Should you find yourself in Stillwater, Dempsey’s, the Brooklyn Star, or any number of other bars after any number of shows at any number of theaters (that is, those with 99 seats or less) in New York City, and should you bring up the Actors Equity Showcase Code, you are likely to be met with complaints of how lousy it is. What is it about this code, one that many of us frequently agree to, that is so lousy? Take a look at the code. Page one. An entire part of the theater industry, “the arena generally known as ‘Off-Off’ Broadway”, is defined as “limited productions,” existing for the purpose of “enabling members to showcase themselves for industry professionals”. We should really begin putting “the arena generally known as ‘Off-Off’ Broadway” on our LinkedIn and Facebook profiles.
The problems of the code begin with this divisive introductory language, which has helped to create a matryoshka doll of inequality in New York City theater, perpetuated by our internalization of these attitudes and continued use of this code.* From the very beginning of this agreement, Equity narrowly defines Off-Off-Broadway: an arena has walls, and the code provides them with financial, seating, and run limits. Arguably, no one truly has the ability to define Off-Off-Broadway except the people who make it, including actors, designers, and directors. Also arguably, Equity is acting on behalf of its members who are frequently working in non-Broadway houses, assuring they be treated as professionals despite their choice to work on projects that cannot pay them professional salaries. The construction of Off-Off-Broadway based on the Showcase Code has created a weird enclave of semi-professionalism that stands in the shadow of million-dollar Off-Broadway budgets, but that is also distinct from, say, the community theaters many current practitioners grew up participating in. There no one gets paid, but everyone learns box steps.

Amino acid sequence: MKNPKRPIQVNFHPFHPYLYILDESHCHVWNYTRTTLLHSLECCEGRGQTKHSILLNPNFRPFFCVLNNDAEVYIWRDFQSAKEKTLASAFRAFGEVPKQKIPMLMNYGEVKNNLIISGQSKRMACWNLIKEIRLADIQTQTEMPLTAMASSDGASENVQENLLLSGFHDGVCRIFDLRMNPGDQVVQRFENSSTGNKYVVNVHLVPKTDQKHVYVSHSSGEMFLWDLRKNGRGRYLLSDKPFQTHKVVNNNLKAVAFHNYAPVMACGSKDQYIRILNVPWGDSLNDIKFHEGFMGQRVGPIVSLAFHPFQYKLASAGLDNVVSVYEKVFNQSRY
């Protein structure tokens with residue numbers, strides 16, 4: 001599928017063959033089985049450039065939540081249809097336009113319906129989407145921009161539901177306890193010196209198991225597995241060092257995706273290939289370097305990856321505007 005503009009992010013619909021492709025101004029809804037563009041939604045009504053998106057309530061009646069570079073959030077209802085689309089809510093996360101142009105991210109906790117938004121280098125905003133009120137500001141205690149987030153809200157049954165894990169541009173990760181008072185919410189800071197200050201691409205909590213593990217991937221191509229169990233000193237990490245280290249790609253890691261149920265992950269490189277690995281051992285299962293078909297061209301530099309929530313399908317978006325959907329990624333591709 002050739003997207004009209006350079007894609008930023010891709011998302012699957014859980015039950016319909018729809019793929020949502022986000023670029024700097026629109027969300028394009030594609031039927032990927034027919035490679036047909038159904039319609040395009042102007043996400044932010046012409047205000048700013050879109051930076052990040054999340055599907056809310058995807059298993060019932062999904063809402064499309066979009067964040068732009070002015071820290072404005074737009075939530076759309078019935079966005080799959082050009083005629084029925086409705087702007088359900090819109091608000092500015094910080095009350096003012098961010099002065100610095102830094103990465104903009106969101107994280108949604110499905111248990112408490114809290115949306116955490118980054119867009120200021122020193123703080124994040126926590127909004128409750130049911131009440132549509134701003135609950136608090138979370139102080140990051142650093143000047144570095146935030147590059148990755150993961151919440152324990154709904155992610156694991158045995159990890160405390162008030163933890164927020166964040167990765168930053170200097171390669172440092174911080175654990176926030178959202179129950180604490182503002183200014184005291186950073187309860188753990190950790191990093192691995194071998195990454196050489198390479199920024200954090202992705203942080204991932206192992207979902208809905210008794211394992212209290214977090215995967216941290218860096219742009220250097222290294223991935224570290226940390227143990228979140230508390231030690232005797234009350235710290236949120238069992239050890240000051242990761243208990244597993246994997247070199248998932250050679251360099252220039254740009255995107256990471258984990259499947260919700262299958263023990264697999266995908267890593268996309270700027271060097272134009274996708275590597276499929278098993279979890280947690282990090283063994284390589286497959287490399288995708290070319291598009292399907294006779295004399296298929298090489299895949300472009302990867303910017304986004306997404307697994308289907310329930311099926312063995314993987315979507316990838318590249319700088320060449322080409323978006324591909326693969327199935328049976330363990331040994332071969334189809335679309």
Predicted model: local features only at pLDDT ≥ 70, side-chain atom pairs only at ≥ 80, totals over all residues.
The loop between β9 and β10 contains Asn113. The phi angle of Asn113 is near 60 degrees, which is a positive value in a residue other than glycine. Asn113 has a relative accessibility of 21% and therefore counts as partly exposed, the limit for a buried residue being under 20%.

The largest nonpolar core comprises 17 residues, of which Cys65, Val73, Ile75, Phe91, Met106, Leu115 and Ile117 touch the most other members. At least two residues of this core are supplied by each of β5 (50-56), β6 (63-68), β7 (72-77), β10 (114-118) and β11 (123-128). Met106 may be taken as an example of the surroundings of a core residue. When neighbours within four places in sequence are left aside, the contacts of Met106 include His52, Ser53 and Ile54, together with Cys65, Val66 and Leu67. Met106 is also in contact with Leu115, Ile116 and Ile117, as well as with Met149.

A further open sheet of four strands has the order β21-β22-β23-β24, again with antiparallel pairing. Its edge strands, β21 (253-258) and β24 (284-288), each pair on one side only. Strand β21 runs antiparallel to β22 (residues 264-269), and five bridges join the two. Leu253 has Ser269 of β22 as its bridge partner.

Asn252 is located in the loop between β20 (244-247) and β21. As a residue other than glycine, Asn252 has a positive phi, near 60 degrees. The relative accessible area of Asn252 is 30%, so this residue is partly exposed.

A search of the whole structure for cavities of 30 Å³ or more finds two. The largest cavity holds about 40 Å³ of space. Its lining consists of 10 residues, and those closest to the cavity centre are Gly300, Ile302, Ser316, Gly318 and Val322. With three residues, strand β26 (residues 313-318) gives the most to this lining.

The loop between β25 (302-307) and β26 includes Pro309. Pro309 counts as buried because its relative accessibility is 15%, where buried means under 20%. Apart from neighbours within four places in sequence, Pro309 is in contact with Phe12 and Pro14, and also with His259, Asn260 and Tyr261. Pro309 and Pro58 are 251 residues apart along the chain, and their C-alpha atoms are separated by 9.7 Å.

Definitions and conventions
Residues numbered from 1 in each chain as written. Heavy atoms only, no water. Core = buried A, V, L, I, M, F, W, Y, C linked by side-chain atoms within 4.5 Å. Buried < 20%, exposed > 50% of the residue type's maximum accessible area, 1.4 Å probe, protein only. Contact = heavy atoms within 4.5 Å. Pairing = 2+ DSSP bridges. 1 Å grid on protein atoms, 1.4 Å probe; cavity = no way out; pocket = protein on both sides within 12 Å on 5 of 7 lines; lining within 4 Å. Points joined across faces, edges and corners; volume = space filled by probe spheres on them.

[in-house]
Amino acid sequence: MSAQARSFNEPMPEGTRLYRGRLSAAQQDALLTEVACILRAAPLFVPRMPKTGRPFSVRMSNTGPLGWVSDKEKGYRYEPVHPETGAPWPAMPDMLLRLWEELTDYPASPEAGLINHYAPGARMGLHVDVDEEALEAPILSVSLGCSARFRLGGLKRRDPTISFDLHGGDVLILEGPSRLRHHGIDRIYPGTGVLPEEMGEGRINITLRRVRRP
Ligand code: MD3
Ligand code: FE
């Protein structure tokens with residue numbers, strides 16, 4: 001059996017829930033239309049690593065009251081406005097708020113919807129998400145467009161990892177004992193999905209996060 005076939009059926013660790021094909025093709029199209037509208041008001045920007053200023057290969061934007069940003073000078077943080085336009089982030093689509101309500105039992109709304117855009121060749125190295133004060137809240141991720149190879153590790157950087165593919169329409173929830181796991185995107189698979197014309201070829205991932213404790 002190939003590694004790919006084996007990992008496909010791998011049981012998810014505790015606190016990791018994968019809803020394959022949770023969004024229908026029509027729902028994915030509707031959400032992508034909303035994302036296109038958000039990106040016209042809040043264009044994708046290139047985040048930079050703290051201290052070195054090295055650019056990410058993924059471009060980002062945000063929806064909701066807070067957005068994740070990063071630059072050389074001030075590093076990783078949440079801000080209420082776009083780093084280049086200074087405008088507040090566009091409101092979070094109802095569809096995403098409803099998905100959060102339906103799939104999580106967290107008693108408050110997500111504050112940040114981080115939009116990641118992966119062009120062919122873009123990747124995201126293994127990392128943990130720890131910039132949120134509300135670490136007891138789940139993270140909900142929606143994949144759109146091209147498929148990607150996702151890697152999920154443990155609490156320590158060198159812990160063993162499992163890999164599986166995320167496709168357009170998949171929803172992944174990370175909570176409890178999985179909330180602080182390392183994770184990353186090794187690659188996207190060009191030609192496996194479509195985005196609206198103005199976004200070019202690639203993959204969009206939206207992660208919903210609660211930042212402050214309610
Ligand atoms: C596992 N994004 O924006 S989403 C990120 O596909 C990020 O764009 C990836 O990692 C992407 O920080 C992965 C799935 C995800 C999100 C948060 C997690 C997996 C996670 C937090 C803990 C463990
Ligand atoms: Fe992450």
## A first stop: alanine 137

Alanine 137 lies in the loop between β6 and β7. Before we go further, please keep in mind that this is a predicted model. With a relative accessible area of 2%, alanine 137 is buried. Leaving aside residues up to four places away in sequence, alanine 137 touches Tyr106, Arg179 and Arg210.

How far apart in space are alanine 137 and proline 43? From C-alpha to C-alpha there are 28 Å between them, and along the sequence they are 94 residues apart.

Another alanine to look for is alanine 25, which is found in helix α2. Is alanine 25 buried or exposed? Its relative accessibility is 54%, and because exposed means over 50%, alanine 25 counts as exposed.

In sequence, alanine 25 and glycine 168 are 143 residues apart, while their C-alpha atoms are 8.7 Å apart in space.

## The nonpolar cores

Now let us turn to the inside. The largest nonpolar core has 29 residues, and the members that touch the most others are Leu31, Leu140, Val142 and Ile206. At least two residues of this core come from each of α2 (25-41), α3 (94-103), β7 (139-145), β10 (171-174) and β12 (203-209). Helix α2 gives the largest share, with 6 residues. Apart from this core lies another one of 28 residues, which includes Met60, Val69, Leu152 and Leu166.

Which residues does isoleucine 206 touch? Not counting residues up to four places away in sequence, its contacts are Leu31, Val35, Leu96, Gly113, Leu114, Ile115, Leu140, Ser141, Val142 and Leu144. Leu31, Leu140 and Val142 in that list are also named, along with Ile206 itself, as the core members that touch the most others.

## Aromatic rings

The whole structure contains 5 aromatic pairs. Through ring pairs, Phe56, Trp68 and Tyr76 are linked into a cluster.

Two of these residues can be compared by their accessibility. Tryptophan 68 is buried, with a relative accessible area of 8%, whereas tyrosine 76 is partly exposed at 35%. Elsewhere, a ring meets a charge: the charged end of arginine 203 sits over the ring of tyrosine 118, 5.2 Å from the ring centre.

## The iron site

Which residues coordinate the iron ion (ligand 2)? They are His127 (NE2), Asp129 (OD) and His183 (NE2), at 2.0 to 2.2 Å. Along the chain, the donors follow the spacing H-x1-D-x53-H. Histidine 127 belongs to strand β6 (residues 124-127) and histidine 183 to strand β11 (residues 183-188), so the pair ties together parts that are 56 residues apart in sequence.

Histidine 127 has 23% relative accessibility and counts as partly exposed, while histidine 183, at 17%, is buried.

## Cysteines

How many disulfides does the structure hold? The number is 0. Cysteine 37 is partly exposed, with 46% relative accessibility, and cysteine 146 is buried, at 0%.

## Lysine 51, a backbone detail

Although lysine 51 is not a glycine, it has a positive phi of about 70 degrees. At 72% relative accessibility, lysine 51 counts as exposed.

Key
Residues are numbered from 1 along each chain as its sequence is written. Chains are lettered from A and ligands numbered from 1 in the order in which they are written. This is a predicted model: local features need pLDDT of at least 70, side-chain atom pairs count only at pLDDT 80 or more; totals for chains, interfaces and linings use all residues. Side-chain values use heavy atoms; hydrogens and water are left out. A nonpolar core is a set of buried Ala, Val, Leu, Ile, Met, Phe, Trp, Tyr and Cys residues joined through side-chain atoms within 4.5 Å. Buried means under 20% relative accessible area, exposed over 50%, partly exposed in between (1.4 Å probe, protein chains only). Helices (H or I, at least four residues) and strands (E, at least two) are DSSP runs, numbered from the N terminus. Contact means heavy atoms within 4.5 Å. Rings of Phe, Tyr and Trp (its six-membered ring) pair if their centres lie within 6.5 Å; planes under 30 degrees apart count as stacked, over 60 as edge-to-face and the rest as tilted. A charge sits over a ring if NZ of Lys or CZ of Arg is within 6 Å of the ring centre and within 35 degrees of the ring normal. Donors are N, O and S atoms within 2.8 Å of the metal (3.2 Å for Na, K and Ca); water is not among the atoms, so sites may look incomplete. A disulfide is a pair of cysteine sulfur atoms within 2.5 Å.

This whole construction is predicated on the idea that in order to be considered professional theater, a production must be utilizing actors who are Equity members. Years ago, this meant that an actor had done a number of Equity productions and racked up the points to prove that they had learned the ropes of professional theater. Now Equity’s point system is all but extinct, and I think the great majority of us practicing theater would attest that carrying a card does not solely define your professional status. It is this specific construction of professionalism that has encouraged the very inequity that the union was established to abolish, the exploitation of actors--only currently, it is non-union actors. Most of us have been involved at some point in a production that utilized Equity and non-Equity actors, and have witnessed some disparity in treatment be it financial or otherwise (hours in rehearsal, etc.). This exploitation extends to designers, directors, and crew. Producers fiscally prioritize Equity actors often at the expense at the rest of the team, in order to fulfill the bare minimum of a contract that gives a production the rubber stamp of professionalism. So, while playwrights and directors can labor for months on a show, they are often paid less than their Equity actors. ** And while this is often done because the economics of theater are difficult, and little would ever be created if we waited for ideal conditions, it is telling that this is a frequent practice.
This practice of exploitation is in many ways dictated by the walls erected by the Showcase Code. A limit on profit/income forces us to stretch every dollar, even in the ideal circumstances that a company is pulling in $35,000-$60,000 (showcase versus seasonal showcase limits), especially as New York’s cost of living and producing continues to rise*. A limit on rehearsal time (4 or 5 weeks) means table work or development gets compounded into staging time unless, of course, you can call in nonunion actors to work a little more on script revisions (for free, if you want, no one is making you pay them). This increases the workload and stress on your playwright, director, and possibly non-union actors. It is hardly professional to pay some actors more than others based only on a card in their wallet, or to ask a non-cardholding actor to work for free. In fact, it is unprofessional to pay less than minimum wage for work performed, and yet, the limits on showcase code income force producers to underpay all actors (not to mention designers and directors) more often than not. We are in effect, contributing to a cycle of poverty faced by underpaid artists. Why do we continue to do this?